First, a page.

What’s this about the tiny Glandore Harbour Yacht Club having the largest, most active Dragon Fleet in the country? Sally Fegan-Wyles reports from West Cork
On a cold winter night fifteen years ago, a bar-side conversation turned a great idea into reality. GHYC members were reflecting on the lack of local participation in the summer sailing school. Children were coming from Dublin and Cork, or even further afield, but not from the area around Glandore. The problem was that there was no tradition of sailing for fun in the local farming or fishing families. Yachts were for blow-ins.
It was Debbie Bendon who suggested providing free introductory classes to children from the local primary schools, hoping that if they had a great time, some of them might persuade their parents that they should come to the summer school courses. Debbie, Avril Cooke, and Neville Scott started to work with Glandore Primary School Headmaster Vincent O’Neill, and parents Noreen O’Mahoney and Kathleen Hayes to make it happen.
Fast forward 15 years, and meet Kevin Hayes, dairy farmer, former senior sailing instructor GHYC ISA training, and Captain of the Glandore Fleet of 13 Dragons. No one in Kevin’s family had been on the water before the national schools programme started, but now there are five sailing Hayes’, Michele, Clare, Kevin, Rebecca and Peter, three of whom crewed at the 2016 Irish Dragon Championship in Kinsale.
And it’s not just the Hayes, hundreds of local youngsters from four local primary schools (Glandore, Leap, Union Hall and Abbystrewry) have been through the programme, which is now run by Anne O’Mahoney. Many of them have gone on to attend further sailing courses, and are now coming back as sailing instructors, either in Glandore, or in sailing clubs in the US, where GHYC graduates have a great reputation.
Interview with Kathleen Hayes
How did you feel when you first heard of the programme?
“Ever since I saw a line of little mirrors coming into the harbor, with the heads of the summer school children hardly up to the sides of the boat, I was determined that someday my children would learn to sail. So we jumped at the chance. Michele was the first, and I went down to the harbor with my camera to watch. She came off the water on such a ‘high’- the fun they had, and the level of excitement- if we could only bottle the joy that those children felt our fortune would be made.”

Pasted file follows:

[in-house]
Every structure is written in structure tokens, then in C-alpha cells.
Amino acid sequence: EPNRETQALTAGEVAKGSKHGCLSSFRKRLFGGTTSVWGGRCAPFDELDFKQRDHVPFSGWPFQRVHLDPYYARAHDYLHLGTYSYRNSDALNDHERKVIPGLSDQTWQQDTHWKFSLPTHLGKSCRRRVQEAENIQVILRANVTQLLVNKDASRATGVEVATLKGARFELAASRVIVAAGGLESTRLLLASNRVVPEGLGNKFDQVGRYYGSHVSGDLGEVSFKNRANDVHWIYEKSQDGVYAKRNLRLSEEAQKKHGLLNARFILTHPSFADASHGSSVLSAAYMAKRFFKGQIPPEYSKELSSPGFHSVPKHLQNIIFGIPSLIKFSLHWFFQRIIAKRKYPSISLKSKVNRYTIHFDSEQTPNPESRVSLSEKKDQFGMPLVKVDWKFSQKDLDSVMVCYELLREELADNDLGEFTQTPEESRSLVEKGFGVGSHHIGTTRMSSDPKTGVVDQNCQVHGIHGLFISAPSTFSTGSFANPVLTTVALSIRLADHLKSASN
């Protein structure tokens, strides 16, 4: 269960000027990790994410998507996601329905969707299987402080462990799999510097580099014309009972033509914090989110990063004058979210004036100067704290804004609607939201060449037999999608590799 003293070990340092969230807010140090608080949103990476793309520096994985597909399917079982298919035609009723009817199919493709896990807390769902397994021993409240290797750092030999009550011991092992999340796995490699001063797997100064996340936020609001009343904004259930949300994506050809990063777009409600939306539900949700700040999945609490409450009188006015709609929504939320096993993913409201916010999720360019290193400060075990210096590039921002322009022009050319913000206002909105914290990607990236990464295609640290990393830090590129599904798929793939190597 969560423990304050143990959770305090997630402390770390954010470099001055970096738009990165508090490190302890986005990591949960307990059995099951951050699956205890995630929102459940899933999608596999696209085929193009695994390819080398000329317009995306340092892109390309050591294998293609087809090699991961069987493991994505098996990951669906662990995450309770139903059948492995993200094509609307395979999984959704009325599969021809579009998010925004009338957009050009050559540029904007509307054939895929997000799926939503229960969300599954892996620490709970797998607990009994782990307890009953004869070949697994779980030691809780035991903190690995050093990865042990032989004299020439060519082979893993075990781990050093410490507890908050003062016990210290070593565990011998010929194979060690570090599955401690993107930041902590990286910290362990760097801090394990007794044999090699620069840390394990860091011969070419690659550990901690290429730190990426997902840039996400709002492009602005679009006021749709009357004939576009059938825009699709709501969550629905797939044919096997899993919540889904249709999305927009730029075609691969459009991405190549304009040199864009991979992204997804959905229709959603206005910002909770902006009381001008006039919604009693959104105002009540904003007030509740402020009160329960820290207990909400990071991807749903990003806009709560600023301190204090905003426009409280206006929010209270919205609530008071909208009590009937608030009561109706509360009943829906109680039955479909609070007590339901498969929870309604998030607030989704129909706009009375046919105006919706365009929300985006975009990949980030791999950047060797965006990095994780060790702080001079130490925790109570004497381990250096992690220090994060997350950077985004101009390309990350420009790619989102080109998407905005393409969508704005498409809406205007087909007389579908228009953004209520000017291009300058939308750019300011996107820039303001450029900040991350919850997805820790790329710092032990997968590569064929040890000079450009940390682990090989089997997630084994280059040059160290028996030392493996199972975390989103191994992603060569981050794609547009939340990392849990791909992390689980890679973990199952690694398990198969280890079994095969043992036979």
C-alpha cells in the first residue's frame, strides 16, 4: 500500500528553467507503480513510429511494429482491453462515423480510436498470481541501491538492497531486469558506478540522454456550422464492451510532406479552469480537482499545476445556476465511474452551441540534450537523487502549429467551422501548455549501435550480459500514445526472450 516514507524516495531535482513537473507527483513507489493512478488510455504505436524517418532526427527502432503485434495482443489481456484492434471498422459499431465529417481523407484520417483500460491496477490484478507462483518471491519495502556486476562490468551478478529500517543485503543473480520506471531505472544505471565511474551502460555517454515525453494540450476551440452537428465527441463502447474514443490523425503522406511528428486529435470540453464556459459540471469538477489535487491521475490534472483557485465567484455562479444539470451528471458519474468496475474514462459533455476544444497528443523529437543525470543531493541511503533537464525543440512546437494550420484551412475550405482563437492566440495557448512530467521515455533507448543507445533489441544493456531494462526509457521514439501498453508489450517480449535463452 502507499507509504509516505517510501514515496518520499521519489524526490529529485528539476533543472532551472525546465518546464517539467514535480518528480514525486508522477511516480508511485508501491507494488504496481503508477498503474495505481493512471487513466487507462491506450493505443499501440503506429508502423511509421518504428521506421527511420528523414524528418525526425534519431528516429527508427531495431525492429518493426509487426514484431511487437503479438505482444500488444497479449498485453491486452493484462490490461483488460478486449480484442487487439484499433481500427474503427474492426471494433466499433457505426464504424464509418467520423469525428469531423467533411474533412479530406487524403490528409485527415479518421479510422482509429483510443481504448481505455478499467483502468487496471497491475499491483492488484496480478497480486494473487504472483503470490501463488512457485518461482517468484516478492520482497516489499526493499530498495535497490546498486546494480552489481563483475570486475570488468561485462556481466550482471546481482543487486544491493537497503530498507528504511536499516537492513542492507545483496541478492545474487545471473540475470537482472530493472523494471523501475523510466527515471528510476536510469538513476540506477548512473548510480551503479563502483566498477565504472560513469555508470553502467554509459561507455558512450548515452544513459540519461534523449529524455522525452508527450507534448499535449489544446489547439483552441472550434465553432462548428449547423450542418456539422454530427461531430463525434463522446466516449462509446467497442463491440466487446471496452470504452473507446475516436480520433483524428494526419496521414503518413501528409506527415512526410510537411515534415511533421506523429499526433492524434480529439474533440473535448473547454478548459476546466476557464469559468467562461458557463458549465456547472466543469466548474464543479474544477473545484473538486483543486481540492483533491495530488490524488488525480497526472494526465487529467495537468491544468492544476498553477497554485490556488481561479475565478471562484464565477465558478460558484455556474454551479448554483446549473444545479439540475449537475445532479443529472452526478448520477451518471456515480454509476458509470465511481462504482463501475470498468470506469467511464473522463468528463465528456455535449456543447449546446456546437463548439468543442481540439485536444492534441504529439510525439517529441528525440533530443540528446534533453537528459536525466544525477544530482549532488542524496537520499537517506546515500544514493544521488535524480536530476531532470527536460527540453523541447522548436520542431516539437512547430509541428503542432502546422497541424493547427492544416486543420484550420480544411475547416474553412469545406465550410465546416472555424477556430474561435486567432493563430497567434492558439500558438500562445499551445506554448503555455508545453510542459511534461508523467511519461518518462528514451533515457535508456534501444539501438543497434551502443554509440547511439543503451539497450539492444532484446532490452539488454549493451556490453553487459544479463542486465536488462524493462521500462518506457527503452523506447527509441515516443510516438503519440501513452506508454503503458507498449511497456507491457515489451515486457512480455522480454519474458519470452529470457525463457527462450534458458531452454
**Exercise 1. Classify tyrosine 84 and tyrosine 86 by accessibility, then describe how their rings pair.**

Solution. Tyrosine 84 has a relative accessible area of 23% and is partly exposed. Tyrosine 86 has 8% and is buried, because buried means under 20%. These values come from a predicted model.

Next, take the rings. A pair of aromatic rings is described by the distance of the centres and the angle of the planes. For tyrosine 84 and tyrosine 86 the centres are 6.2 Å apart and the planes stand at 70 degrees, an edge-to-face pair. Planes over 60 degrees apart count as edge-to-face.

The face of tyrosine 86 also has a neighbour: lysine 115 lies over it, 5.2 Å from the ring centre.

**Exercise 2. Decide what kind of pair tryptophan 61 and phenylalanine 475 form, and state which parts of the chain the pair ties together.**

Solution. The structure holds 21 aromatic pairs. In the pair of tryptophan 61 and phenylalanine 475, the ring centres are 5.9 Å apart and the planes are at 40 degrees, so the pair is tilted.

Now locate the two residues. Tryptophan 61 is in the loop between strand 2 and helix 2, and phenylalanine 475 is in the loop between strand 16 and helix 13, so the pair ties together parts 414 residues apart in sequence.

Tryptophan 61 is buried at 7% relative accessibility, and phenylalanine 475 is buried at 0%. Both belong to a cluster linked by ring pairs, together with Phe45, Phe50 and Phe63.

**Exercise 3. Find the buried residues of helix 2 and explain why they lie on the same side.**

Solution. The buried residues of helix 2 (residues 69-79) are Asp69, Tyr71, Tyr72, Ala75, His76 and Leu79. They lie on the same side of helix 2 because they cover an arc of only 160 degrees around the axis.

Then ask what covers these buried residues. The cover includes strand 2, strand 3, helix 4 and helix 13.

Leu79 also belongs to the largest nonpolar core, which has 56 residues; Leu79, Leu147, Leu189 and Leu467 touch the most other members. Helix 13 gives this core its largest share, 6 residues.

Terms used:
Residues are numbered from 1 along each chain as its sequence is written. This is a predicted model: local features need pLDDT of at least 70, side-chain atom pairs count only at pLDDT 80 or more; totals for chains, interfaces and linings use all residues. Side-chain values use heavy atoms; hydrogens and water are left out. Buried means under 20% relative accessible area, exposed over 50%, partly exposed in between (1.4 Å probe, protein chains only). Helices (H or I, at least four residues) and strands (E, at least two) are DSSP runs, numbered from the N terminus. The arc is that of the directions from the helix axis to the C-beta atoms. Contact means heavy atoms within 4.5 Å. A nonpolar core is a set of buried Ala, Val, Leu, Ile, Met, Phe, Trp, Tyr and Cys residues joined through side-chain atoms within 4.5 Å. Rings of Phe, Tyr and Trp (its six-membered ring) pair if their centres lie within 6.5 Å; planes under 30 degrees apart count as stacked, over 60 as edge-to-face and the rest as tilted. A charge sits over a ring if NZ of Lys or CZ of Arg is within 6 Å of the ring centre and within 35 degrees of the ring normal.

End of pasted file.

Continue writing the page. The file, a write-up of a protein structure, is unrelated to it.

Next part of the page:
Was Kevin equally keen?
“He took to it like a duck to water. Normally a rather shy child, he could not wait for us to leave when we dropped him off. Already when he was 10-11, he was helping to teach the children from the other schools. All five of our children then went to the GHYC summer school for the full set of sailing courses, and then did the instructors course. So far Michelle, Clare and Kevin have all worked as instructors, with Rebecca starting this summer, and Peter chomping at the bit.”
And what about yourself?
“I would have loved to sail, but its too late for me to learn. Instead I get out on the water on any boat I can hitch a ride from, and I take pictures. Still trying to capture the joy of sailing”.
A simple idea has changed the nature of GHYC, building a level of local engagement that is not always seen in yacht clubs, and ensuring that GHYC has a very bright future.